#CSPSlam Ch.4 One on One winner – Mbongeni Nomkonwana

Don’t we all love it when the Zulu goes against the Xhosa? Well I do. In front of me sits four young men who are cheering for the Zulu, to my right sits two ladies who are cheering for the Xhosa and behind me I hear someone declare that they are cheering for the winner. And I’m in the middle of this thinking “Halala Malangabs, Halala.”

Some rounds are tied and some have a clear winner, but all I see in the poets faces is “man, you are giving me run for the title.” And it is this kind of competition that I admire. When it’s the competitors themselves that say “anyone can take it.” But it is Mbongeni, the chubby, the short, the Xhosa, who goes to the back of the stage to steady himself before he approaches the mic that, not only leaves the lady who sits to my left crying, but he also leaves with the CSP One on One Ch. 4 winner title.

And I want to know, as the current state of poetry’s Ch.4 one on one slam winner, what he thinks of the current state of our state.

This is what he thinks,

  1. In Homage you say “Those who left their families cursing and hating the path we have chosen, forbidding their children to embrace the same journey” as an artist, what are you consciously doing to ensure that your family does not curse the path you have chosen to embrace?

As artists it is our responsibility to inform our families that the path we have chosen is not easy, it will not get you a house and a car in the first 3 months unless you are super blessed and land a very big job or contract. I have come to realize that as an artist I must work more on my product and become a business, when you have a product whether as an individual or a collective, and I believing in the latter in order to build an industry, the industry respects you and you are able to build your name. So you no longer work for people or institutions but you offer a service and collaborate with them, and in good time you will build a reputable business that will create wealth for you and your family.

  1. What are the issues that the poets of your generation tip toe around?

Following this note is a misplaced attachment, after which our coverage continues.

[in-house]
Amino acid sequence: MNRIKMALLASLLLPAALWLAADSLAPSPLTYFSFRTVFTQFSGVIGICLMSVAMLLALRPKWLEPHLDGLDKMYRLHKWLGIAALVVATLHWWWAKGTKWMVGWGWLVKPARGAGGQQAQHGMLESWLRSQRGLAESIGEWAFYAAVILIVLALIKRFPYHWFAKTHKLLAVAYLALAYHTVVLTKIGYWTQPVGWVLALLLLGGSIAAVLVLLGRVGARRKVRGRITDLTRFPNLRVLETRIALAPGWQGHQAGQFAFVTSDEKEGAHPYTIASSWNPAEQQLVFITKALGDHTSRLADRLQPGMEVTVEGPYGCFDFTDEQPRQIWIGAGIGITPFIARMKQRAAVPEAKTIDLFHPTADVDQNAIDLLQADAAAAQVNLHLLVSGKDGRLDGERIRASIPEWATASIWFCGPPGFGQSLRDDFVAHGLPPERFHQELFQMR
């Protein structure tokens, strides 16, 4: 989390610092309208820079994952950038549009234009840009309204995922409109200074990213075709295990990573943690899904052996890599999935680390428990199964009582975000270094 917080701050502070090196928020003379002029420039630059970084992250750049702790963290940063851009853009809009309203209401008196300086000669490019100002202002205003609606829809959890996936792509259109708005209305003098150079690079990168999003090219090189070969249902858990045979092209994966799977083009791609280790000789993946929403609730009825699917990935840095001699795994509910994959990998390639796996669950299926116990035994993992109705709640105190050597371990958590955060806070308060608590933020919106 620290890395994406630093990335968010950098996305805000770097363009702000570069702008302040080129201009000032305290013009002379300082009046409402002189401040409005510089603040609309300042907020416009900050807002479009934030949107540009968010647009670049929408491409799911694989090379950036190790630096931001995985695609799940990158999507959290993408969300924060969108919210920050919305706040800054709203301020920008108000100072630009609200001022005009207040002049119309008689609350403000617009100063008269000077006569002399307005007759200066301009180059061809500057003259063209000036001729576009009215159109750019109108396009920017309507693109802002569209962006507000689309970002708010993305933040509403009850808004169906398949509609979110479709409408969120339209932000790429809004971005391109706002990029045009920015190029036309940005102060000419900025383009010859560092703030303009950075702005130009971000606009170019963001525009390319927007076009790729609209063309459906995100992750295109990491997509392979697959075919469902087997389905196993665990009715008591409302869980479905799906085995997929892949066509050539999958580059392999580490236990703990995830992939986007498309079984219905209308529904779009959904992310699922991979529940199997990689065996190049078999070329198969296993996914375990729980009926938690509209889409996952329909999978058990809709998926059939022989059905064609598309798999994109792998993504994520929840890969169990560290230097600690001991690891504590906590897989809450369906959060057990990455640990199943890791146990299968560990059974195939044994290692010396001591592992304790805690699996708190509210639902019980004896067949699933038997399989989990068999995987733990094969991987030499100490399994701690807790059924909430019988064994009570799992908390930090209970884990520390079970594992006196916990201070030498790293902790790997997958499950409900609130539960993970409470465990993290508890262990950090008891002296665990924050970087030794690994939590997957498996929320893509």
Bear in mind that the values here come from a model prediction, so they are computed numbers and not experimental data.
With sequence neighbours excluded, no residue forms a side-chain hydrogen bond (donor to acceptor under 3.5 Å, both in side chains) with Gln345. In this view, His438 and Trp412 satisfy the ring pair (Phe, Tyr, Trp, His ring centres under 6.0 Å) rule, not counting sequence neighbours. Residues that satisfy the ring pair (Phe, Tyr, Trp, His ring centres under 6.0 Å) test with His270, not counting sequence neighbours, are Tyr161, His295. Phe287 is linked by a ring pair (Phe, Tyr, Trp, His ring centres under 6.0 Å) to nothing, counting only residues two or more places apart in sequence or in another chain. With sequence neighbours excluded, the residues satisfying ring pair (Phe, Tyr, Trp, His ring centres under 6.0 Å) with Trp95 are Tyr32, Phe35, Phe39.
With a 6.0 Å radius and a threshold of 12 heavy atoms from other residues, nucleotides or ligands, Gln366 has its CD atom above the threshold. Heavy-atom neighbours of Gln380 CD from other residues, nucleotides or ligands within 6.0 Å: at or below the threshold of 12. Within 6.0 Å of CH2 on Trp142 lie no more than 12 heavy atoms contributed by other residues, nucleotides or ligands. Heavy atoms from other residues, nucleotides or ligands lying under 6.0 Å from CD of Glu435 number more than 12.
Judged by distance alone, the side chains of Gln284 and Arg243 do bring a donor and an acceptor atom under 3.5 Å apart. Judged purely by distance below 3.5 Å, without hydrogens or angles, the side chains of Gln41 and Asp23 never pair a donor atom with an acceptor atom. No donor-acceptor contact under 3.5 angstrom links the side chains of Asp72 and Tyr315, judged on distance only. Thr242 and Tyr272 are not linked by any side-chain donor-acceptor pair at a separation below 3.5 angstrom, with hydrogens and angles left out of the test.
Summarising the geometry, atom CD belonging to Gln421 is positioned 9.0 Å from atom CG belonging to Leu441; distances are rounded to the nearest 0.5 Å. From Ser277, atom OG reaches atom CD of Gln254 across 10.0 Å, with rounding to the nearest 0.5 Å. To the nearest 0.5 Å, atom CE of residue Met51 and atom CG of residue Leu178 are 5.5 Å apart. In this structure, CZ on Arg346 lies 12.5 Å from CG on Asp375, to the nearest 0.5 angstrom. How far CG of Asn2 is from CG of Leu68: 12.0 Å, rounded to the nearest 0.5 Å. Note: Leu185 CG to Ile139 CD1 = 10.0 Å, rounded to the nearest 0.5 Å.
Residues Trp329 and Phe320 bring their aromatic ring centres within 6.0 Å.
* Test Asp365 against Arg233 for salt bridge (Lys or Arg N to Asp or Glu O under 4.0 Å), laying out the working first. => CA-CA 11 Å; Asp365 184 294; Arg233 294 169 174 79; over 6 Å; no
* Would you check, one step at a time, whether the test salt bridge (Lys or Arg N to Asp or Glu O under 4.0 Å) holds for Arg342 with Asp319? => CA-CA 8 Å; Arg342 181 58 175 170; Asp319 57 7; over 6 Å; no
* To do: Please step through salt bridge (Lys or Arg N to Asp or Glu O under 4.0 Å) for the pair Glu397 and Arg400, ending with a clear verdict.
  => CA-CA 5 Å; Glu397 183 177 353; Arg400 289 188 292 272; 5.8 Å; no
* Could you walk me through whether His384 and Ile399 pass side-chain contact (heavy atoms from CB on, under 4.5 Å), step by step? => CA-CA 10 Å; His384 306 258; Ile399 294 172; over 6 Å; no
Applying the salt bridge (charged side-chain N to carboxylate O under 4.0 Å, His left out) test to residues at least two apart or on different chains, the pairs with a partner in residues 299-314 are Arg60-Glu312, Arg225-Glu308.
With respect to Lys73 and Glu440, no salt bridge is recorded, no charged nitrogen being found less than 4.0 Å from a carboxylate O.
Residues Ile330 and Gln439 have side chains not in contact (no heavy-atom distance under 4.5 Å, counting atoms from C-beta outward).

Right now poets of our generation are concerned with dopeness and whackness, and we fail to find the in-between which is where I think real artistry is. Another issue is determining what true South African poetry is and whether we are bordering more on western and American poetry or we are carving our own. We also lack cohesion in the industry, we all want to push our hustle and brands that we drift apart and collaborations become a rare find. If there is one, it is more about the other benefiting than both parties. My biggest thing is breaking poet’s self-esteem especially those who have not been writing for long, it is all good and well to give feedback to an artist but we must be careful about how it is delivered, especially if it comes from one true artist to another. We need to come up with industry standard rates for gigs and performances. I hope this answers your question.

  1. Many slams later, what is typical of a slam?

Slams are all about strategizing, a lesson I learnt from my friends and colleagues Lwanda Sindaphi and Koleka Putuma. Make the audience experience every aspect of your writing by showing versatility in your poems, both writing and performance. Your heart and honesty are guaranteed to have the audience eating from your palms but you have to be technically prepared to impress the judges as well. One thing about slams is that, it is a competition and one must enter it with the intention to win, and winning a competition requires training and a good strategy.

  1. What does the current state of our State mean to you?

It means that there is a lot to be done. We are a broken State with broken people, led by tired leaders who are afraid of another revolution or blood bath. I am not advocating for war or violence but we must live in a just state where everyone is equal socially and economically, if that is possible in this world. I also think that as black people, and indigenous people, we must arrive to self, we have been nomads for too long and we have forgotten who we are and what makes us, whose sons and daughters we are.

  1. What is the feeling that stands between winning and losing a slam?

Fear. It is wise to respect your opponent but I think do not bring fear to the stage, have fun and remember it is just a competition.

  1. How does being a theatre practitioner inform your poetry? Both the writing and performance.

It helps you weave your stories very well, and as a trained performer you become aware of your voice and how it can be used to achieve outstanding performances. You do not just perform your poems but you breathe and embody them. You are able to interrogate and improve your work, enhancing your every performance. Awareness is key, you are able to press the right notes and keys to keep the audience engaged, making them care.

  1. As a co-founder of Lingua Franca, a movement similar to the Current State of Poetry, do you have any words of wisdom for the CSP team?

CSP must keep at it, they are doing amazing work and have achieved so much with this initiative. Once they have found their niche and unique product, they must exploit it to its marrow. Always treat every artist with respect and dignity, make them know that their voices matter.

  1. In one word, what are the challenges in poetry and what do you love about poetry?

Words.

 

 

 

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